The different student groups are identified by the Washington Office of Superintendent of Public Instruction. If there are fewer than 10 students in a particular group in a school, the state doesn't report data for that group.

Source: Washington Office of Superintendent of Public Instruction

Math

All Students53%
Female50%
Male55%
Blackn/a
Asiann/a
Asian/Pacific Islandern/a
Hispanic46%
Native Americann/a
Pacific Islandern/a
White53%
Low income39%
Not low income64%
Special educationn/a
Not special education58%
Limited Englishn/a
Migrantn/a

Reading

All Students75%
Female81%
Male69%
Blackn/a
Asiann/a
Asian/Pacific Islandern/a
Hispanic82%
Native Americann/a
Pacific Islandern/a
White75%
Low income55%
Not low income90%
Special educationn/a
Not special education81%
Limited Englishn/a
Migrantn/a

Writing

All Students56%
Female66%
Male47%
Blackn/a
Asiann/a
Asian/Pacific Islandern/a
Hispanic64%
Native Americann/a
Pacific Islandern/a
White55%
Low income37%
Not low income71%
Special educationn/a
Not special education62%
Limited Englishn/a
Migrantn/a
Scale: % basic, level 3, or level 4

About the tests


In 2012-2013 Washington used the Measurements of Student Progress (MSP) to test students in reading and math in grades 3 through 8, in writing in grades 4 and 7, and in science in grades 5 and 8. The MSP is a standards-based test, which means it measures how well students are mastering specific skills defined for each grade by the state of Washington. The goal is for all students to score at or above the state standard.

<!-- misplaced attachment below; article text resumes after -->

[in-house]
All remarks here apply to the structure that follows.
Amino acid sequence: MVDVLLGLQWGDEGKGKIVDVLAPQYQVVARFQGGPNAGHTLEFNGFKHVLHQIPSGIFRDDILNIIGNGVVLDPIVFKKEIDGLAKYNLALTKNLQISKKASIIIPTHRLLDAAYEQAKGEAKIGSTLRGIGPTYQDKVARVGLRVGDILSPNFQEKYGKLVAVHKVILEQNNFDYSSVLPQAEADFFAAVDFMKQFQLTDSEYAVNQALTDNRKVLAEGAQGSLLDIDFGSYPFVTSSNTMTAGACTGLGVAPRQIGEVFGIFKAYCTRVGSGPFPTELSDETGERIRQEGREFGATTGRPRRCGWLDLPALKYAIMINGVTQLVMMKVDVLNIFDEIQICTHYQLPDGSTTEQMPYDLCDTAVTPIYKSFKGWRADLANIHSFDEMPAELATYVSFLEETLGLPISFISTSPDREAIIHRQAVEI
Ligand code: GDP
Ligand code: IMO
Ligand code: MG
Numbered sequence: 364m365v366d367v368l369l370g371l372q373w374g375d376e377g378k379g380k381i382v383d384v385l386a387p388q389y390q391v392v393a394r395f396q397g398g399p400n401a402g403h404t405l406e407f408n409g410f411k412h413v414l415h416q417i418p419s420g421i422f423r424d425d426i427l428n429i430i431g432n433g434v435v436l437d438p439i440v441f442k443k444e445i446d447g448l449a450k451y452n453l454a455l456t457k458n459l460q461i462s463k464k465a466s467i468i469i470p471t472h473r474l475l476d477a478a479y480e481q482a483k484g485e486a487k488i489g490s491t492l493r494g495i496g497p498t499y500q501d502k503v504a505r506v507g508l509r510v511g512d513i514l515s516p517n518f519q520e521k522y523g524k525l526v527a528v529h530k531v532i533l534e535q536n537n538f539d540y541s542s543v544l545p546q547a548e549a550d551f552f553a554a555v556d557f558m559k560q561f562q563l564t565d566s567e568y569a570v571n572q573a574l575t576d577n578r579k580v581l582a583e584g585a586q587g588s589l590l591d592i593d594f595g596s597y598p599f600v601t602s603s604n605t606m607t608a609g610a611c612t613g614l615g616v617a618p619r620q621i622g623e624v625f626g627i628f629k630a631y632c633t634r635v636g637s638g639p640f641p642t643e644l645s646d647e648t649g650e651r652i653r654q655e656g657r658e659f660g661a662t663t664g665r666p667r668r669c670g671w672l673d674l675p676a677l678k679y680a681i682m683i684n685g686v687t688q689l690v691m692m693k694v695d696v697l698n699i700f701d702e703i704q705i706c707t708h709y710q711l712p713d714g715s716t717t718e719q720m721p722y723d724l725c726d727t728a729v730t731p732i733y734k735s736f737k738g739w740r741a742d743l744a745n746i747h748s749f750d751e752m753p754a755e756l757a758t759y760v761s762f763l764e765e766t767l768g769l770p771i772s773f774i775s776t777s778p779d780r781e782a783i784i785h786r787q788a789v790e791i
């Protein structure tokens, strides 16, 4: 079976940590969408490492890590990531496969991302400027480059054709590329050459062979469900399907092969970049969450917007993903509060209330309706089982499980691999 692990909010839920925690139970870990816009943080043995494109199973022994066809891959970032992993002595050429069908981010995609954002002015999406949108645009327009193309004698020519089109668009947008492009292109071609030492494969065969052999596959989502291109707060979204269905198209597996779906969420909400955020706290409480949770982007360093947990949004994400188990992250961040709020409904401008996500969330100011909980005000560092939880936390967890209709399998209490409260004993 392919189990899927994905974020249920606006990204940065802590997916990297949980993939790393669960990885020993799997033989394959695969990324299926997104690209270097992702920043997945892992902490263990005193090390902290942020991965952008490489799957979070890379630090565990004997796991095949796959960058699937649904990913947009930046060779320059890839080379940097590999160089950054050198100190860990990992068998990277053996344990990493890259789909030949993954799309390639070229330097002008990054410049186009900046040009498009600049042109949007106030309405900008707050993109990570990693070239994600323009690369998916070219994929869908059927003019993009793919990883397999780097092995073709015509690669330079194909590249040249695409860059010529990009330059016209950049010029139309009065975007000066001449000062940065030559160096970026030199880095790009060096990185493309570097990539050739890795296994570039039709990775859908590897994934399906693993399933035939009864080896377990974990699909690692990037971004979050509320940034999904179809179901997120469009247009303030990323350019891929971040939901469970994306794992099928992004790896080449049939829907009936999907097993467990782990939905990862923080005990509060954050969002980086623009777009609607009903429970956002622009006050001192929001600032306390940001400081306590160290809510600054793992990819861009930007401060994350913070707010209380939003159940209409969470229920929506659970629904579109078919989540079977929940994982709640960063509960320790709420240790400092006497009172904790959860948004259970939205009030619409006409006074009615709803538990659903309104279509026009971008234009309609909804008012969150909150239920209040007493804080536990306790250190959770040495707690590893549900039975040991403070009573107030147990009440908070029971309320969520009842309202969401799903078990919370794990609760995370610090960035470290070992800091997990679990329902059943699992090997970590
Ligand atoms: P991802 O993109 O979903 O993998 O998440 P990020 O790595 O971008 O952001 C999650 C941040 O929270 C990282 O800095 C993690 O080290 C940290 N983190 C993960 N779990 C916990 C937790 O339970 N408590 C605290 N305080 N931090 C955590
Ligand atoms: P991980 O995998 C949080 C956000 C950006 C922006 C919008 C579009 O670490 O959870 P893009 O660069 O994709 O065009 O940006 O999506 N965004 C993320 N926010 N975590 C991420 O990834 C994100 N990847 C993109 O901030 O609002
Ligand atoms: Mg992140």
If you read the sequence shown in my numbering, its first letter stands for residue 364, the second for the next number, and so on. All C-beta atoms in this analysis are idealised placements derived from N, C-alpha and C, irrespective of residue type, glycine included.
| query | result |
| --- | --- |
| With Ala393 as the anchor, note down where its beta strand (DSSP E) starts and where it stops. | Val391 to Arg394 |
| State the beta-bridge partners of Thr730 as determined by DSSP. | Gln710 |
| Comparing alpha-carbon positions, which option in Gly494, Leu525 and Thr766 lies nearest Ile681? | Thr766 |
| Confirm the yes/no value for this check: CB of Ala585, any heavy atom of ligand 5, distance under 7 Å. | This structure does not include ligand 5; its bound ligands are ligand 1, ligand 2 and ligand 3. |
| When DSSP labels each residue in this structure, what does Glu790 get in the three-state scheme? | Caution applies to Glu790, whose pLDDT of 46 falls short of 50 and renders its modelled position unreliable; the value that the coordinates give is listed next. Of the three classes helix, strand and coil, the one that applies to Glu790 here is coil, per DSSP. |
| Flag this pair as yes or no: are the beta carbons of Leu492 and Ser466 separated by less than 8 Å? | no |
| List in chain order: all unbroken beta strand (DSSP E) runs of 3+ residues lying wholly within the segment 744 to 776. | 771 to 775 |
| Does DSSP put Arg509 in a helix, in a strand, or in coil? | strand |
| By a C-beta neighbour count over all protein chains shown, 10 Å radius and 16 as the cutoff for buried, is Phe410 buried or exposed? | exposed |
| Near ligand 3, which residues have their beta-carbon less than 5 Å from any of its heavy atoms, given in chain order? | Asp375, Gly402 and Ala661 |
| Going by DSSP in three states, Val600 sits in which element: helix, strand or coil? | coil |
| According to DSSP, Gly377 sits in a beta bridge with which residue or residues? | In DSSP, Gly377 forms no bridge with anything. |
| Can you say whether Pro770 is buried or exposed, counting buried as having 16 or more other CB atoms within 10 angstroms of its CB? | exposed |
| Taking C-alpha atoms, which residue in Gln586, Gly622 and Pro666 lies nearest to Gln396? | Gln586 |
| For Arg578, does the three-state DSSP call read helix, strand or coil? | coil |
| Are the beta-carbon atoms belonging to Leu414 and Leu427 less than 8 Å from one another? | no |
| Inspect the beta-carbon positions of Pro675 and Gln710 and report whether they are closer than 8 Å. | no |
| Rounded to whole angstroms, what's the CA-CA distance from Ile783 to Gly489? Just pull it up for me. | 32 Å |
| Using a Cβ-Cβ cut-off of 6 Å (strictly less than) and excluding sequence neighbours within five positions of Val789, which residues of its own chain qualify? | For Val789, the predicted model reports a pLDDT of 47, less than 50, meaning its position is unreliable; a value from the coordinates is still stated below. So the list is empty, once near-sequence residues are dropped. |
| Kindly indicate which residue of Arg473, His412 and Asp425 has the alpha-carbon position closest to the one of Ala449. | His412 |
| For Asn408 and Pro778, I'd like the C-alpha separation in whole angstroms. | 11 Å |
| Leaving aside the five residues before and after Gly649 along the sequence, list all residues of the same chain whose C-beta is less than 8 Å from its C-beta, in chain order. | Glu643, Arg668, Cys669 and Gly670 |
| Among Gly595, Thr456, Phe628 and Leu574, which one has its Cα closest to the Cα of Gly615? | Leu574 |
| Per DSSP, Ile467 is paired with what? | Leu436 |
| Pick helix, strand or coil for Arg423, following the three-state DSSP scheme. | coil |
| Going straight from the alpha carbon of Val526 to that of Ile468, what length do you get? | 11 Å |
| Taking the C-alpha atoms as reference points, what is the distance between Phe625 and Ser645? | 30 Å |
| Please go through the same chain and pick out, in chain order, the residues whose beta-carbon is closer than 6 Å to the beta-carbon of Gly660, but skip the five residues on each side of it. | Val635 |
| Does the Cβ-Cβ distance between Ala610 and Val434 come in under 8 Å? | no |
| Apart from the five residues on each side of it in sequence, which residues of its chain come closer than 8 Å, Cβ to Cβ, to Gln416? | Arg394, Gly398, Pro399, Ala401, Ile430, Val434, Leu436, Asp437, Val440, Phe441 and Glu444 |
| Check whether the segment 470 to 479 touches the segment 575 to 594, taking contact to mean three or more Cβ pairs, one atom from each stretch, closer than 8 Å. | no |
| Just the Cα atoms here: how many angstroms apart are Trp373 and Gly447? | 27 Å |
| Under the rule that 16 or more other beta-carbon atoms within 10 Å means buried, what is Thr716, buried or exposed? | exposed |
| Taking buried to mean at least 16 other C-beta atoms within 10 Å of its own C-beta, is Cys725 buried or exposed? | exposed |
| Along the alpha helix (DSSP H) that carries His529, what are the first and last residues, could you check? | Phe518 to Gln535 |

The different student groups are identified by the Washington Office of Superintendent of Public Instruction. If there are fewer than 10 students in a particular group in a school, the state doesn't report data for that group.

Source: Washington Office of Superintendent of Public Instruction

Math

All Students58%
Female64%
Male51%
Blackn/a
Asiann/a
Asian/Pacific Islandern/a
Hispanicn/a
Native Americann/a
Pacific Islandern/a
White57%
Low income41%
Not low income70%
Special education17%
Not special education64%
Limited Englishn/a
Migrantn/a

Reading

All Students80%
Female82%
Male77%
Blackn/a
Asiann/a
Asian/Pacific Islandern/a
Hispanicn/a
Native Americann/a
Pacific Islandern/a
White83%
Low income69%
Not low income87%
Special education25%
Not special education88%
Limited Englishn/a
Migrantn/a

Science

All Students69%
Female64%
Male75%
Blackn/a
Asiann/a
Asian/Pacific Islandern/a
Hispanicn/a
Native Americann/a
Pacific Islandern/a
White75%
Low income62%
Not low income74%
Special education17%
Not special education77%
Limited Englishn/a
Migrantn/a
Scale: % basic, level 3, or level 4

About the tests


In 2012-2013 Washington used the Measurements of Student Progress (MSP) to test students in reading and math in grades 3 through 8, in writing in grades 4 and 7, and in science in grades 5 and 8. The MSP is a standards-based test, which means it measures how well students are mastering specific skills defined for each grade by the state of Washington. The goal is for all students to score at or above the state standard.

The different student groups are identified by the Washington Office of Superintendent of Public Instruction. If there are fewer than 10 students in a particular group in a school, the state doesn't report data for that group.